AFI Fest 2013
By Don Simpson | November 12, 2013
Director: Todd Sklar
Writers: Todd Sklar, Alex Rennie
Starring: James Pumphrey, Alex Rennie, Christopher Meloni, Laura Ramsey, Brett Gelman, Keeley Hazell, Zahn McClarnon, Dominic Dierkes, D.C. Pierson, Henry Zebrowski, Jon Gabrus, Kerry Barker
Cleverly expanding upon the narrative set-up from his short film ’92 Skybox Alonzo Mourning Rookie Card, Todd Sklar takes the story of two hapless brothers brought together by their father’s funeral and shows us the aftermath. Awful Nice essentially begins with a replay of ’92 Skybox Alonzo Mourning Rookie Card, as Jim (James Pumphrey) tracks his brother Dave (Alex Rennie) and bribes him into returning to Minnesota for their father’s funeral. It quickly becomes apparent why these two siblings have grown so far apart. They do not like each other — you might even say that they detest each other. Fist fights and wrestling matches are inevitable, but after their father’s funeral they still decide to go on a road trip together to Branson, MO. Why? Well, they plan on selling their family’s summer home in order to cash in on their inheritance.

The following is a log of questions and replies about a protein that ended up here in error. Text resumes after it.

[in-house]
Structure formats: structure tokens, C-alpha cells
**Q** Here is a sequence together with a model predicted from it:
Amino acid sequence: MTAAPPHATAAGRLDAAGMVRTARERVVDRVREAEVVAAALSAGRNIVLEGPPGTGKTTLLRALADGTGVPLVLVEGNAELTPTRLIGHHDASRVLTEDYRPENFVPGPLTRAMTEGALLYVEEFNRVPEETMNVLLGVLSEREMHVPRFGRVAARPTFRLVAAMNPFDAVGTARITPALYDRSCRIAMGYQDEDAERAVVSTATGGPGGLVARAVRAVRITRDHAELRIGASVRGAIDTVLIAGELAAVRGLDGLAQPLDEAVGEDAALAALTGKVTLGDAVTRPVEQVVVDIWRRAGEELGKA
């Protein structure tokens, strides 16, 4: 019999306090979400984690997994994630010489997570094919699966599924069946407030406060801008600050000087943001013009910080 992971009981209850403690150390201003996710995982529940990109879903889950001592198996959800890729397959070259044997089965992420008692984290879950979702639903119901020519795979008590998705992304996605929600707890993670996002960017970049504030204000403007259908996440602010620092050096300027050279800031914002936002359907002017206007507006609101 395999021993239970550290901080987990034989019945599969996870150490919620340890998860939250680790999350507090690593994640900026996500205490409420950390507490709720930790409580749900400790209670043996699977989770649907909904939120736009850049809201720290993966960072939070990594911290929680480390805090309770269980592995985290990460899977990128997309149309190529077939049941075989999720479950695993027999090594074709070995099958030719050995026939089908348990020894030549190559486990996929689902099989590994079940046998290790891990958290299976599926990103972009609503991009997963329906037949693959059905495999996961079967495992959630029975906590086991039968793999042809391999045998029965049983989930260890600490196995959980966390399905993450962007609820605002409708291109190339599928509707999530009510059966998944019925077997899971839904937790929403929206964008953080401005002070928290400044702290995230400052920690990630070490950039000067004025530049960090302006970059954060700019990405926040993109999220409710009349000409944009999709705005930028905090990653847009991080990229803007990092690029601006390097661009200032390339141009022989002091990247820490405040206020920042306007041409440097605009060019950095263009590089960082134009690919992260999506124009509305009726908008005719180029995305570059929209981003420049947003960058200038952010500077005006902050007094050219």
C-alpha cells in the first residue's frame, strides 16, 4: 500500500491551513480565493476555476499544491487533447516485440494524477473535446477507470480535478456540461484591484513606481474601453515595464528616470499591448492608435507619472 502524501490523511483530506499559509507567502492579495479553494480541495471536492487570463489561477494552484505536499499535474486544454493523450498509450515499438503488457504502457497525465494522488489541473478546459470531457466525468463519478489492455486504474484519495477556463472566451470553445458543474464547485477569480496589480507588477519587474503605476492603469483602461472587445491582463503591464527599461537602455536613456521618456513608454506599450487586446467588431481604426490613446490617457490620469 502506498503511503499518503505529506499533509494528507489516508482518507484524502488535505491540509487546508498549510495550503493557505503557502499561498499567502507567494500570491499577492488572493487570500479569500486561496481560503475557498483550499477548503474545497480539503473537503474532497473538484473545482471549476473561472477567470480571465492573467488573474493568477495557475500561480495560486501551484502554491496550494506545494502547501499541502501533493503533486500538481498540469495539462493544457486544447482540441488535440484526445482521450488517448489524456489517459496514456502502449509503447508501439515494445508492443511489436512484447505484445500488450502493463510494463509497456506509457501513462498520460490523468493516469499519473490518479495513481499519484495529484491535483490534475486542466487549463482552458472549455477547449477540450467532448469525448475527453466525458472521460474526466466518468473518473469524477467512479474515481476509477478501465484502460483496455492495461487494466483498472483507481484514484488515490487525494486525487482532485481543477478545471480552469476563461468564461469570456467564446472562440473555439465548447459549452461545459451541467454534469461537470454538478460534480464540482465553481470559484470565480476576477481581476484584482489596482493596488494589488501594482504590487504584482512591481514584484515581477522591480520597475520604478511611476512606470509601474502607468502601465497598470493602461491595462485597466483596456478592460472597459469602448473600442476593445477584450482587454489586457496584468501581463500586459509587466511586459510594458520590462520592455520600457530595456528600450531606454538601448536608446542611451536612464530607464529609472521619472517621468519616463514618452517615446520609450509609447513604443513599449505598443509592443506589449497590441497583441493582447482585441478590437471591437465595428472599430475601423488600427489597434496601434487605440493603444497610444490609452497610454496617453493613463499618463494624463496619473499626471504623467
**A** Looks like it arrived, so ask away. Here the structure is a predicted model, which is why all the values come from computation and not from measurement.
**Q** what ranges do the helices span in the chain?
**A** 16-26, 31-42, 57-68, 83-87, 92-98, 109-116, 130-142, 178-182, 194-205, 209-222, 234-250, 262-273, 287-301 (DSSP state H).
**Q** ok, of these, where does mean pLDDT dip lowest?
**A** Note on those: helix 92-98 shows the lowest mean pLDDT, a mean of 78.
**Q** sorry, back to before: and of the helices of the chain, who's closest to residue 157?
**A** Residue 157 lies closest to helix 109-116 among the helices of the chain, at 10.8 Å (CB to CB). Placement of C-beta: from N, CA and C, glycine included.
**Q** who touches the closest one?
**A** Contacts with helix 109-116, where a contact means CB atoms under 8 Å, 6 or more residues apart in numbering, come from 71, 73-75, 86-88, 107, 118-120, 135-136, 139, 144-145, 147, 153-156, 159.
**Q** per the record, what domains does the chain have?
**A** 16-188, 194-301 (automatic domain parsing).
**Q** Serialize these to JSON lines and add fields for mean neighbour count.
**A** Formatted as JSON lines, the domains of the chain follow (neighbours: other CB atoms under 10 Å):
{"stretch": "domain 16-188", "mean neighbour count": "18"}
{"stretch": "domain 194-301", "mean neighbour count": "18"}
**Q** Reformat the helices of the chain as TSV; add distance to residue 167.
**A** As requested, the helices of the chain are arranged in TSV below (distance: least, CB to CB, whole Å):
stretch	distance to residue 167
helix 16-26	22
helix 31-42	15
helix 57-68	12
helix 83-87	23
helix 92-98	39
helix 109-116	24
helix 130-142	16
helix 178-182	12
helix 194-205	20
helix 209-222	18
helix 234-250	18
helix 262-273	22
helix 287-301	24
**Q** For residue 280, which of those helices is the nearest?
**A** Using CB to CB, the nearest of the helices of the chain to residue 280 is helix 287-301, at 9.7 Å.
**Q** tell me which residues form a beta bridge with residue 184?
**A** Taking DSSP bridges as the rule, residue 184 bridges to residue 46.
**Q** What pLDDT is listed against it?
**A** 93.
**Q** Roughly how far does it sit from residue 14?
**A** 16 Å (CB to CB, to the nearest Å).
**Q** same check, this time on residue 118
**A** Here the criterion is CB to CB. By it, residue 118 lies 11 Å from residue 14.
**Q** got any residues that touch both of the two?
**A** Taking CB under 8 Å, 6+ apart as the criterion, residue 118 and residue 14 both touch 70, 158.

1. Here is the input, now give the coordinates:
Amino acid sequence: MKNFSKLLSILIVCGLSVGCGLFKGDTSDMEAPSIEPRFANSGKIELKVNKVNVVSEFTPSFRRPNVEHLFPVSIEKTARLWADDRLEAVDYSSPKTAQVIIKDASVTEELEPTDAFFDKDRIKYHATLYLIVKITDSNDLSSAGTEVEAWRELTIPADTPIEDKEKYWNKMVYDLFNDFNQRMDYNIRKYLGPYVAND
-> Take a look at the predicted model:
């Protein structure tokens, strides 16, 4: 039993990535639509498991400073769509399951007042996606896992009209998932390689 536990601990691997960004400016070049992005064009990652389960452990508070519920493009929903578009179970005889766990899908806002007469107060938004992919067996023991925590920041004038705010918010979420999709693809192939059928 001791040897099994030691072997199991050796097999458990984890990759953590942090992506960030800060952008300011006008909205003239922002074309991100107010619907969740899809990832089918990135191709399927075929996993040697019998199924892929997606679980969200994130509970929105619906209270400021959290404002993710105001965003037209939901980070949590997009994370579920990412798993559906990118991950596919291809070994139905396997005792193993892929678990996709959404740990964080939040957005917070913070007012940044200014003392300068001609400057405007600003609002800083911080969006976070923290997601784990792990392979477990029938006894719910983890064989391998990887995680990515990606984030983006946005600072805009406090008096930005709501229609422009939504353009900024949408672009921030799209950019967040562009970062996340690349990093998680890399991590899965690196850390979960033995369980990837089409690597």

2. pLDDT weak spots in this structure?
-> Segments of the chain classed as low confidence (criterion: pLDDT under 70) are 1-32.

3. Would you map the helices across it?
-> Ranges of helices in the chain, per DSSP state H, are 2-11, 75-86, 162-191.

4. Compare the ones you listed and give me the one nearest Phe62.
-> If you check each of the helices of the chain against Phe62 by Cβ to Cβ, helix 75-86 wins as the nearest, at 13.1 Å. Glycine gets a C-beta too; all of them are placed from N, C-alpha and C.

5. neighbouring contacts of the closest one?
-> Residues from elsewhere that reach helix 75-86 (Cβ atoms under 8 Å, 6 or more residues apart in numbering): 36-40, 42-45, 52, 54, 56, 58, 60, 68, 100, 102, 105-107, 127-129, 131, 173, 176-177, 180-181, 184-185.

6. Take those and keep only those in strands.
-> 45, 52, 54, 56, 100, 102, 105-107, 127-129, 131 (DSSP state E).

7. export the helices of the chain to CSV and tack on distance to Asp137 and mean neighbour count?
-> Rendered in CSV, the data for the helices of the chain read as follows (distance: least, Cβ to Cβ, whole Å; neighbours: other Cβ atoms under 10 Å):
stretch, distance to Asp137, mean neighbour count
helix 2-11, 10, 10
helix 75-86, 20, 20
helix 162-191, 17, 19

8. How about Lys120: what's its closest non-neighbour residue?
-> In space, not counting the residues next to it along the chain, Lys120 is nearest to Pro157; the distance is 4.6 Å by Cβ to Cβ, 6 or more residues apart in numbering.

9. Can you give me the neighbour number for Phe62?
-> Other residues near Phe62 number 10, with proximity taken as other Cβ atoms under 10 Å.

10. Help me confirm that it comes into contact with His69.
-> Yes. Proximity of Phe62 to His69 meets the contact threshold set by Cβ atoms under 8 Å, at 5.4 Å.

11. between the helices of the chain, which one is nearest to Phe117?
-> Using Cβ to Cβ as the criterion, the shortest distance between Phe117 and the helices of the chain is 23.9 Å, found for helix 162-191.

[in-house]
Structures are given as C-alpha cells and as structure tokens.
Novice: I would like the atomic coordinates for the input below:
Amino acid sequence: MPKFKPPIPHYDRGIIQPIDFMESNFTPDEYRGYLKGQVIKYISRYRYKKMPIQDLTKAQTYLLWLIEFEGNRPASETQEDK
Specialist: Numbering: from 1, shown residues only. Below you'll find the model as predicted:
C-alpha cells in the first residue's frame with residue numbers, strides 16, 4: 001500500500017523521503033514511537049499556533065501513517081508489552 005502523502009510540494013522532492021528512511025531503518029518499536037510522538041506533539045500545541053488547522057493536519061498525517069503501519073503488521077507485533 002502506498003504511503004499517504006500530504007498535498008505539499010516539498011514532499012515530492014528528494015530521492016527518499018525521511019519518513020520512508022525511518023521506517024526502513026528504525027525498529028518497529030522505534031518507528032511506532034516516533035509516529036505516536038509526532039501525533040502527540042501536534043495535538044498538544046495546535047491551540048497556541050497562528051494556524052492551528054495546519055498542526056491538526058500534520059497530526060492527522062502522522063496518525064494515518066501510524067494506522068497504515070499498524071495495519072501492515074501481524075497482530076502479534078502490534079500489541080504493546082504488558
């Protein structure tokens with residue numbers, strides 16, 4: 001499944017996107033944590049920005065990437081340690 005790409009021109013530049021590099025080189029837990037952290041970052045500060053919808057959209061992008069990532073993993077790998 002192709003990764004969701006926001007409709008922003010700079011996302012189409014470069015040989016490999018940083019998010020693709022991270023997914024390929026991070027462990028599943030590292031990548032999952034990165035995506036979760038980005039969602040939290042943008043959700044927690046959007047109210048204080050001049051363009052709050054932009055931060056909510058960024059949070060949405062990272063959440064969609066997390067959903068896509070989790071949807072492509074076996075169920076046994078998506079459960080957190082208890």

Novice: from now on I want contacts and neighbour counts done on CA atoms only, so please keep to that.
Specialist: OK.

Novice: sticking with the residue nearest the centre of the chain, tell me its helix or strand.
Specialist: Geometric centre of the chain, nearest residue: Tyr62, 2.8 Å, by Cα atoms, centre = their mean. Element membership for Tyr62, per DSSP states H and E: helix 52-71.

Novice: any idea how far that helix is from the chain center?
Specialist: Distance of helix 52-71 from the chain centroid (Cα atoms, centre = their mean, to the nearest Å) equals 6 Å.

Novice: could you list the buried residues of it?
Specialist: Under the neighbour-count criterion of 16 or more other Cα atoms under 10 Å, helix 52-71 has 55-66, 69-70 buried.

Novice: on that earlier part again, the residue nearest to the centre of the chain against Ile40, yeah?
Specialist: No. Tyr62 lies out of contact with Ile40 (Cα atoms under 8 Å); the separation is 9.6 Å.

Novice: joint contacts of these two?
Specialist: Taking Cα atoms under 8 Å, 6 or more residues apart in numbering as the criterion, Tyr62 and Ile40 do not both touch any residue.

When they arrive in Branson, they discover their family’s home in an extreme state of disrepair. With no cash to invest in the cleanup and repairs that are necessary before putting the house on the market, Dave convinces Jim that they should work on the house themselves. It is overtly apparent that this is a horrible idea, but Jim reluctantly agrees in order to have more brotherly bonding time with his estranged sibling. It is not long before the drunken debauchery begins and the brothers become helplessly entangled with the Russian mob…among other things.
Awful Nice is saturated with irreverently ridiculous guy humor, but Sklar always seems to find ways to keep the film’s pathos alive and flowing. The comedy in this odd-couple-road-movie-comedy is so extremely physical that I can only assume that James Pumphrey and Alex Rennie were pretty battered and bruised after this shoot; but the authenticity of the violence is not just for laughs, it also provides the film’s emotional core. If Awful Nice was made in Hollywood, the brutality would be so laughably implausible that it would distance us from the characters; but Sklar drags us right into the middle of Jim and Dave’s universe, and allows us to suffer the crushing blows alongside them.